By Joel Williams
Post-traumatic stress disorder (PTSD) is a mental health condition that some people develop after experiencing or witnessing a life-threatening event, such as combat, a natural disaster, a car crash, an abusive relationship or a violent assault. Although PTSD commonly is associated with soldiers returning from war, military members are not the only ones who can suffer from it. Anyone can experience PTSD after a traumatic event, and it is important to understand and watch for symptoms in our friends and loved ones who suffer a trauma.
PTSD does not discriminate. It affects people of all ages, races and genders. However, there are many factors that can increase the likelihood that someone will suffer from PTSD. According to the U.S. Department of Veterans Affairs, suffering from a long and intense traumatic event, or getting injured during the event, can increase the chances that a person will suffer from PTSD. High levels of stress also make PTSD more likely, but a healthy amount of emotional support from loved ones can decrease the severity of symptoms.
Sometimes, PTSD symptoms do not manifest for days, weeks or even months. Here are a few common signs and symptoms of PTSD that can follow a traumatic event:
- Unexpected or recurring flashbacks of the trauma.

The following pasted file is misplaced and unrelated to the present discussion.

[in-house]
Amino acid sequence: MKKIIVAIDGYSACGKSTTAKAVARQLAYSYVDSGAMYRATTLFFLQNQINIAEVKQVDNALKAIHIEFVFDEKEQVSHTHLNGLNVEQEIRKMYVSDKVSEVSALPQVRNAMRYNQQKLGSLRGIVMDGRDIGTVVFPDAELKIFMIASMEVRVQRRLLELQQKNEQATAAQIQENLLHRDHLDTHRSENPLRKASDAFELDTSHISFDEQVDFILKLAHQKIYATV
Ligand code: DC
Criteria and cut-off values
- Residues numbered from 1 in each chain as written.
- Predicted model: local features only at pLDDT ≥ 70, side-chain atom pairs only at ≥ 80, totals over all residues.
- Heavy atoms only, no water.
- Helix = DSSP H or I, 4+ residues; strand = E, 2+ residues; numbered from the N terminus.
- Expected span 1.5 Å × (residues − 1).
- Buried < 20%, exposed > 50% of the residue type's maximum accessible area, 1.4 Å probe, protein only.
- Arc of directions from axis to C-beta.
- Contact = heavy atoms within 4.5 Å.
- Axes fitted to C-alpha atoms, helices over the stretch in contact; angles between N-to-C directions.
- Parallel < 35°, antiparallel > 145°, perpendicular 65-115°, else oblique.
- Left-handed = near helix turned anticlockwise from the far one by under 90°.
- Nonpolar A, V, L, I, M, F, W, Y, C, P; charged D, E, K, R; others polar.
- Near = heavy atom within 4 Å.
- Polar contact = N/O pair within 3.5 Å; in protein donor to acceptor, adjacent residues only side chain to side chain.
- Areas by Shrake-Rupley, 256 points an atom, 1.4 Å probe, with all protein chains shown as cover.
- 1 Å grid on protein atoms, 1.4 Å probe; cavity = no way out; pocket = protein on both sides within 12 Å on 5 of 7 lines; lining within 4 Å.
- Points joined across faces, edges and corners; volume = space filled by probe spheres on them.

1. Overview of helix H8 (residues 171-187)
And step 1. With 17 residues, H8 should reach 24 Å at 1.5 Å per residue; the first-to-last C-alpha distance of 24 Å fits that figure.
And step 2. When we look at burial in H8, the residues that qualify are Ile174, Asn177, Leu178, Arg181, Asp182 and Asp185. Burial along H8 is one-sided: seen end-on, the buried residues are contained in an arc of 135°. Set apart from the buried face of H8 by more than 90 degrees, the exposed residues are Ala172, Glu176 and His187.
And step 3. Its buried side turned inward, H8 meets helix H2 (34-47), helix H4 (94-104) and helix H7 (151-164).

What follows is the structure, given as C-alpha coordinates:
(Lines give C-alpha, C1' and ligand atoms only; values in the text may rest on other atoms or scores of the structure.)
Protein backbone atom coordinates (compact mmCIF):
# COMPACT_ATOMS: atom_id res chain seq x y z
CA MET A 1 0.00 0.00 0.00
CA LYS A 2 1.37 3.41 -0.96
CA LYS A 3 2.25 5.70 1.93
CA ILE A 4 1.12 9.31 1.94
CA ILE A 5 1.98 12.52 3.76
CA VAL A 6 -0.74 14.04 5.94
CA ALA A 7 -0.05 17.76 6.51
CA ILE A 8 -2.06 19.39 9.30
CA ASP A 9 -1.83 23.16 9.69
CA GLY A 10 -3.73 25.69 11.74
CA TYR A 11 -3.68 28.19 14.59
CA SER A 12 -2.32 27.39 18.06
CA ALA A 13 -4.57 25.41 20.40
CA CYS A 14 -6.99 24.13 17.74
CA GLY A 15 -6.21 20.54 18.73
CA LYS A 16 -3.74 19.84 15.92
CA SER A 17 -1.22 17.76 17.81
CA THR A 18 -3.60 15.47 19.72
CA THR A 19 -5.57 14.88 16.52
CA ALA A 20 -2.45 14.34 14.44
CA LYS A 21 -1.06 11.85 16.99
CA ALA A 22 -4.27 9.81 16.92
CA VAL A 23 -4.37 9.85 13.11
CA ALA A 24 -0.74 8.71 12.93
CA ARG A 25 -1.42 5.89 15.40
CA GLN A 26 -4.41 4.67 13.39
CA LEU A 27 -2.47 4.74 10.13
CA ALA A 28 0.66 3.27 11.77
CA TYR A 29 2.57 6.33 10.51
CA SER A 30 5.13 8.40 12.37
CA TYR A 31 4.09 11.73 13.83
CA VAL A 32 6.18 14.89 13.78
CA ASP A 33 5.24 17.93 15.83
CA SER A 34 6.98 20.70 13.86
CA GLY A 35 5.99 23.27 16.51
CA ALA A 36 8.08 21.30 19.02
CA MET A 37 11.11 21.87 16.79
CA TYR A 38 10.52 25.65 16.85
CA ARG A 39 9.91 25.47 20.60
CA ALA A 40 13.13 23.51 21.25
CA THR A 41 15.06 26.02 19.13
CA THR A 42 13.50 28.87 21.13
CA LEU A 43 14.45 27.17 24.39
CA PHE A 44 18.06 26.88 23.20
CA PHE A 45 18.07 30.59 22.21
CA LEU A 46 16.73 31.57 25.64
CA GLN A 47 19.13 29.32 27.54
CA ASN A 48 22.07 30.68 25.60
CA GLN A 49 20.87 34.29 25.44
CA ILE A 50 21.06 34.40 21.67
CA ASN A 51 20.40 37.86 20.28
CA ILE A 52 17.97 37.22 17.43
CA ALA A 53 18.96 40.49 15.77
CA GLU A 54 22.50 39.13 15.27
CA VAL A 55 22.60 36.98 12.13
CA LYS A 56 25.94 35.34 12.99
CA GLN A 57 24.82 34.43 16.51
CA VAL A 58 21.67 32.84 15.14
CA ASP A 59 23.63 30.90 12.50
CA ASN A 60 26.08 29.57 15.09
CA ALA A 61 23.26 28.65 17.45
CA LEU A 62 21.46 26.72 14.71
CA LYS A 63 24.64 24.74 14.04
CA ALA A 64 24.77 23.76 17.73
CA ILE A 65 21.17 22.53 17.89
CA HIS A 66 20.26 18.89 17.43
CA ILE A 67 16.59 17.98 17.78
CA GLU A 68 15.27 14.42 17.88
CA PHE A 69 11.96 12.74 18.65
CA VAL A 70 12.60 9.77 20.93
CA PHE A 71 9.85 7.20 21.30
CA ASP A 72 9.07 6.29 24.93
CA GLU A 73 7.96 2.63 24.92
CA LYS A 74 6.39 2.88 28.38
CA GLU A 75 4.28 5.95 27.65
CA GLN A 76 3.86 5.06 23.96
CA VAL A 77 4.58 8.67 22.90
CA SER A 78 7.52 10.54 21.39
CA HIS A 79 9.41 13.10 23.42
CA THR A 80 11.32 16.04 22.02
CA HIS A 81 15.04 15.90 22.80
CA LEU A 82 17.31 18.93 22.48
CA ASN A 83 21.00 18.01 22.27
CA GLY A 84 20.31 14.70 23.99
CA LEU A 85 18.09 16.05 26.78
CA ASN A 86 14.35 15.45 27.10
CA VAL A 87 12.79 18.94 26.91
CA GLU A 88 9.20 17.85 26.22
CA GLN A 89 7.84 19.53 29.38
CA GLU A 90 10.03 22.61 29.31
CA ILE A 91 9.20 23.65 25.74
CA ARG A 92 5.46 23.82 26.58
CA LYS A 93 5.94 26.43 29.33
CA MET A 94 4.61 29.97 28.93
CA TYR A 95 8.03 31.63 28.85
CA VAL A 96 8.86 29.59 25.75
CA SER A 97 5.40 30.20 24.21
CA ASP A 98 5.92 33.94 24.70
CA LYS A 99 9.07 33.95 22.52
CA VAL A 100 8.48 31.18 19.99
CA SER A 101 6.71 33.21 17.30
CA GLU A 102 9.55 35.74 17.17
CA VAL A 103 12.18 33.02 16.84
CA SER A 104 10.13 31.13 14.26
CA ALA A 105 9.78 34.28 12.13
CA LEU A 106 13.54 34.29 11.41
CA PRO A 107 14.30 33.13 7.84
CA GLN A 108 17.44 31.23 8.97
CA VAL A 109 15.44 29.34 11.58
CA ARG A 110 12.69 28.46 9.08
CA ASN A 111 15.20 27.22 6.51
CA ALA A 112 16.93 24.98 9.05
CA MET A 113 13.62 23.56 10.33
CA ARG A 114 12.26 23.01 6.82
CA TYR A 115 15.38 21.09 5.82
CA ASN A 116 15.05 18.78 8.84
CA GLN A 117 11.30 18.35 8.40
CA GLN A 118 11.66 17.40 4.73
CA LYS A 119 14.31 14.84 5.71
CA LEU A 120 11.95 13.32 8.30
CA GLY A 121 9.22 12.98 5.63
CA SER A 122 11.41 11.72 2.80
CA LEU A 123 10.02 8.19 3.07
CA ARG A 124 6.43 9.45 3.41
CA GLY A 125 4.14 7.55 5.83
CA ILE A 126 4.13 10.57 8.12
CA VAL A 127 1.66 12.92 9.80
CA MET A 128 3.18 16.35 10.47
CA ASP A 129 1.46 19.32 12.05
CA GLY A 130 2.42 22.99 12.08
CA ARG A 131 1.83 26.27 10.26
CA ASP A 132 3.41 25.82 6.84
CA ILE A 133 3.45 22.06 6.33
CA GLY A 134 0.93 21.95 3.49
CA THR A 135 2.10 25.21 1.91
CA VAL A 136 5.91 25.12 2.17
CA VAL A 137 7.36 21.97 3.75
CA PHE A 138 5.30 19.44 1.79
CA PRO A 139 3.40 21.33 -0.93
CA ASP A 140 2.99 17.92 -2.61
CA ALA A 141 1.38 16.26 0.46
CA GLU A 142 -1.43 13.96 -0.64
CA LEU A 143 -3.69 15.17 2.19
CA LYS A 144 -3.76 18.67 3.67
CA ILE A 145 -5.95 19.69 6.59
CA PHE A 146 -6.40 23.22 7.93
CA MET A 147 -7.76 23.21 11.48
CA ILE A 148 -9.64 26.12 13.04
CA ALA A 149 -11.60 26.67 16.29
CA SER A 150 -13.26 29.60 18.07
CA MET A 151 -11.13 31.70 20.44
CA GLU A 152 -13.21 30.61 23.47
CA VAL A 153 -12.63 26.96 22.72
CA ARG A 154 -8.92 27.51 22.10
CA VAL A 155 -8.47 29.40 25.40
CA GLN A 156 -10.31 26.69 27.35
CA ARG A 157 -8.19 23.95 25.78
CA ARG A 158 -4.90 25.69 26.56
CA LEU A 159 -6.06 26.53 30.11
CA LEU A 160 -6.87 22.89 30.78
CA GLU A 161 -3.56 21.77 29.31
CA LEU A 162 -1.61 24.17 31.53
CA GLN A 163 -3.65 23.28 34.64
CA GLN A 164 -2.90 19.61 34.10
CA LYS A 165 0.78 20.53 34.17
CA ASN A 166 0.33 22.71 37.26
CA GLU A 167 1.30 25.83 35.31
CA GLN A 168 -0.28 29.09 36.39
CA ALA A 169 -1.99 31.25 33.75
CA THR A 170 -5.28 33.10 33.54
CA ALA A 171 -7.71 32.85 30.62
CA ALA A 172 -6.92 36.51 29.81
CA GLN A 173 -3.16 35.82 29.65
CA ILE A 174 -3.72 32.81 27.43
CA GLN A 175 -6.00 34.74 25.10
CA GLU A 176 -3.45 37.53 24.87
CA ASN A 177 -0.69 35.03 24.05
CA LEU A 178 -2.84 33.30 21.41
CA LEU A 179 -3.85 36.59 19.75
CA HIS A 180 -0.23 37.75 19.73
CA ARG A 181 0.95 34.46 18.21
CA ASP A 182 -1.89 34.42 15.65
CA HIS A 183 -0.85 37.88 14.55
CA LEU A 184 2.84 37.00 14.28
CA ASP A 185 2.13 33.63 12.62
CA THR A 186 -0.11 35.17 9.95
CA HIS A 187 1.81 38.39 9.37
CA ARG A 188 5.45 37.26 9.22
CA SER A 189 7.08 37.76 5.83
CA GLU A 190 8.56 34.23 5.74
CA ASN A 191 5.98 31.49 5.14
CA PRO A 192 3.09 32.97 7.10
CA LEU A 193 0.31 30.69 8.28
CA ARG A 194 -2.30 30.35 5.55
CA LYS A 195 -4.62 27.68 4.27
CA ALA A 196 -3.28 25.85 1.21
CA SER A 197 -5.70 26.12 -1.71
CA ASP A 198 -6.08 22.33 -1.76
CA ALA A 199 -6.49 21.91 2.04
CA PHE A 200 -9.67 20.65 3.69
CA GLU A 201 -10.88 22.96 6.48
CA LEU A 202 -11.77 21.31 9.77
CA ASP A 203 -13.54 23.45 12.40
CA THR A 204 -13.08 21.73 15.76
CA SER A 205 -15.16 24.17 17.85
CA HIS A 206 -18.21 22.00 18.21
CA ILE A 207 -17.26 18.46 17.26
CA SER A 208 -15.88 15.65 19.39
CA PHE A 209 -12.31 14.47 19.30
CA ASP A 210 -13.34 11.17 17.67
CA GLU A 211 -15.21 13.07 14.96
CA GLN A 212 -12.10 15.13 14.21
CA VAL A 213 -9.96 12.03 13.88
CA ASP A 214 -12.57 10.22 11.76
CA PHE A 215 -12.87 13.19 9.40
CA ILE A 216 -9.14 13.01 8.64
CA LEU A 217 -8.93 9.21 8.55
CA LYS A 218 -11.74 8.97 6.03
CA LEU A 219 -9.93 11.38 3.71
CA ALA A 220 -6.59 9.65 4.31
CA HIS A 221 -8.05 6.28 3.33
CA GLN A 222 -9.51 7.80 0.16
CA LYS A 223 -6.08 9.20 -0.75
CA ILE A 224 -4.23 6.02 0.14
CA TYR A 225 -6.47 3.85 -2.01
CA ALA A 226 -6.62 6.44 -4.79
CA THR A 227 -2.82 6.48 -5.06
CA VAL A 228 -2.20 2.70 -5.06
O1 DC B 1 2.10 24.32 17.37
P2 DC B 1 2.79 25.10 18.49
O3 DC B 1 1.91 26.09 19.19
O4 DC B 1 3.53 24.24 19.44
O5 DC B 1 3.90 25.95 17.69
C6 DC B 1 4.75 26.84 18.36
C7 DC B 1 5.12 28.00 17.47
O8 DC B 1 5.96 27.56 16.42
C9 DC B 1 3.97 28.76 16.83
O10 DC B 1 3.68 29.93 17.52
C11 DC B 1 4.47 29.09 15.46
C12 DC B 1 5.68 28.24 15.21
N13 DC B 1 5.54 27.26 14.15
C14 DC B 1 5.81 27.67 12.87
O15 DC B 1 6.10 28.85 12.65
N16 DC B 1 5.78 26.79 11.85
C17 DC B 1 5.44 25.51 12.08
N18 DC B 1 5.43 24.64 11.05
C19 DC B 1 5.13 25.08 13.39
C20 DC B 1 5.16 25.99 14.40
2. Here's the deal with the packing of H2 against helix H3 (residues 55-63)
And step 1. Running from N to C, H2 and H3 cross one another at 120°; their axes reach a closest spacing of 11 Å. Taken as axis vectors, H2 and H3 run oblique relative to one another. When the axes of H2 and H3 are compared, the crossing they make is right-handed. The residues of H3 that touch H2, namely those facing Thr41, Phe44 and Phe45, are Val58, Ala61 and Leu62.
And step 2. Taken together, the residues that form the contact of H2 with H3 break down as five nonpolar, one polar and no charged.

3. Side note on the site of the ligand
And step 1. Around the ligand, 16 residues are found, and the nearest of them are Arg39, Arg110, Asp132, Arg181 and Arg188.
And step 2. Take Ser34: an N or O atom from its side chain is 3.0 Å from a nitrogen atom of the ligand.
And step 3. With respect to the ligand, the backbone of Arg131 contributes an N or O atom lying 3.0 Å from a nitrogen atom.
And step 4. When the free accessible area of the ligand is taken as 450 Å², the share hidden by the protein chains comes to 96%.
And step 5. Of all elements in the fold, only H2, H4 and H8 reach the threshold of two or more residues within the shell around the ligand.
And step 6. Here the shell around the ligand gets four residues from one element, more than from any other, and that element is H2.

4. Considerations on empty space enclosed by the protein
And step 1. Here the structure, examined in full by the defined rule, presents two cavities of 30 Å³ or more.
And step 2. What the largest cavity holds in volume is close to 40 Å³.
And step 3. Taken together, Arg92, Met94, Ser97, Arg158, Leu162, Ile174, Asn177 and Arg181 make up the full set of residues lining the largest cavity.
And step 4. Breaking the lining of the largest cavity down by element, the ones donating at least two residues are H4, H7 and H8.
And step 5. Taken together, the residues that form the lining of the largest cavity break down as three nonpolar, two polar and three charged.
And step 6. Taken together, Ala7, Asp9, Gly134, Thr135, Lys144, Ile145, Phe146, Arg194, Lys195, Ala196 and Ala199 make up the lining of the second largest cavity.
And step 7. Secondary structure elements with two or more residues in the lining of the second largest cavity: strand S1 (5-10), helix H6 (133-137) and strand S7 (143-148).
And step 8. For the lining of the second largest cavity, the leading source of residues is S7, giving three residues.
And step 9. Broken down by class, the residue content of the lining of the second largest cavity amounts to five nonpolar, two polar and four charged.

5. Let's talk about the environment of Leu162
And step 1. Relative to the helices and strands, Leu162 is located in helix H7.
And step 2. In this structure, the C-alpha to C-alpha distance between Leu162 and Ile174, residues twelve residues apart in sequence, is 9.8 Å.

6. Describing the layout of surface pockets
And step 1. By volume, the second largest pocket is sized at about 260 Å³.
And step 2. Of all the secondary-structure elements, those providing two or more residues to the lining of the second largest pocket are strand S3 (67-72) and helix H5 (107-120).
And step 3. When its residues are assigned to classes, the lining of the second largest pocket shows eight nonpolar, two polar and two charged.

- No memory of certain parts of the trauma.
- Nightmares or other sleeping difficulties.
- Difficulty concentrating, or substance abuse.
- Avoidance of reminders of the trauma, like avoiding driving after a car crash.
- Avoidance of feelings related to the trauma.
- Negative mood changes, such as decreased interest in hobbies and leisure activities, or overly negative thoughts about oneself and others.
- Emotional outbursts or panic attacks.
- Being easily startled.
- Physical manifestations of stress, such as hair loss, fragile nails, headaches, weight loss and neck and shoulder pain.
If you, or a loved one, are experiencing any signs of PTSD, you should seek medical treatment immediately. Contact a mental health professional directly, or make an appointment with your primary care physician, who can refer you to the appropriate mental health care professional.
Professional treatment is beneficial, because it can help repair damaged relationships, provide coping skills to better handle negative thoughts and feelings, and help make sense of the trauma. PTSD is a treatable disorder, but it can have devastating consequences if left untreated.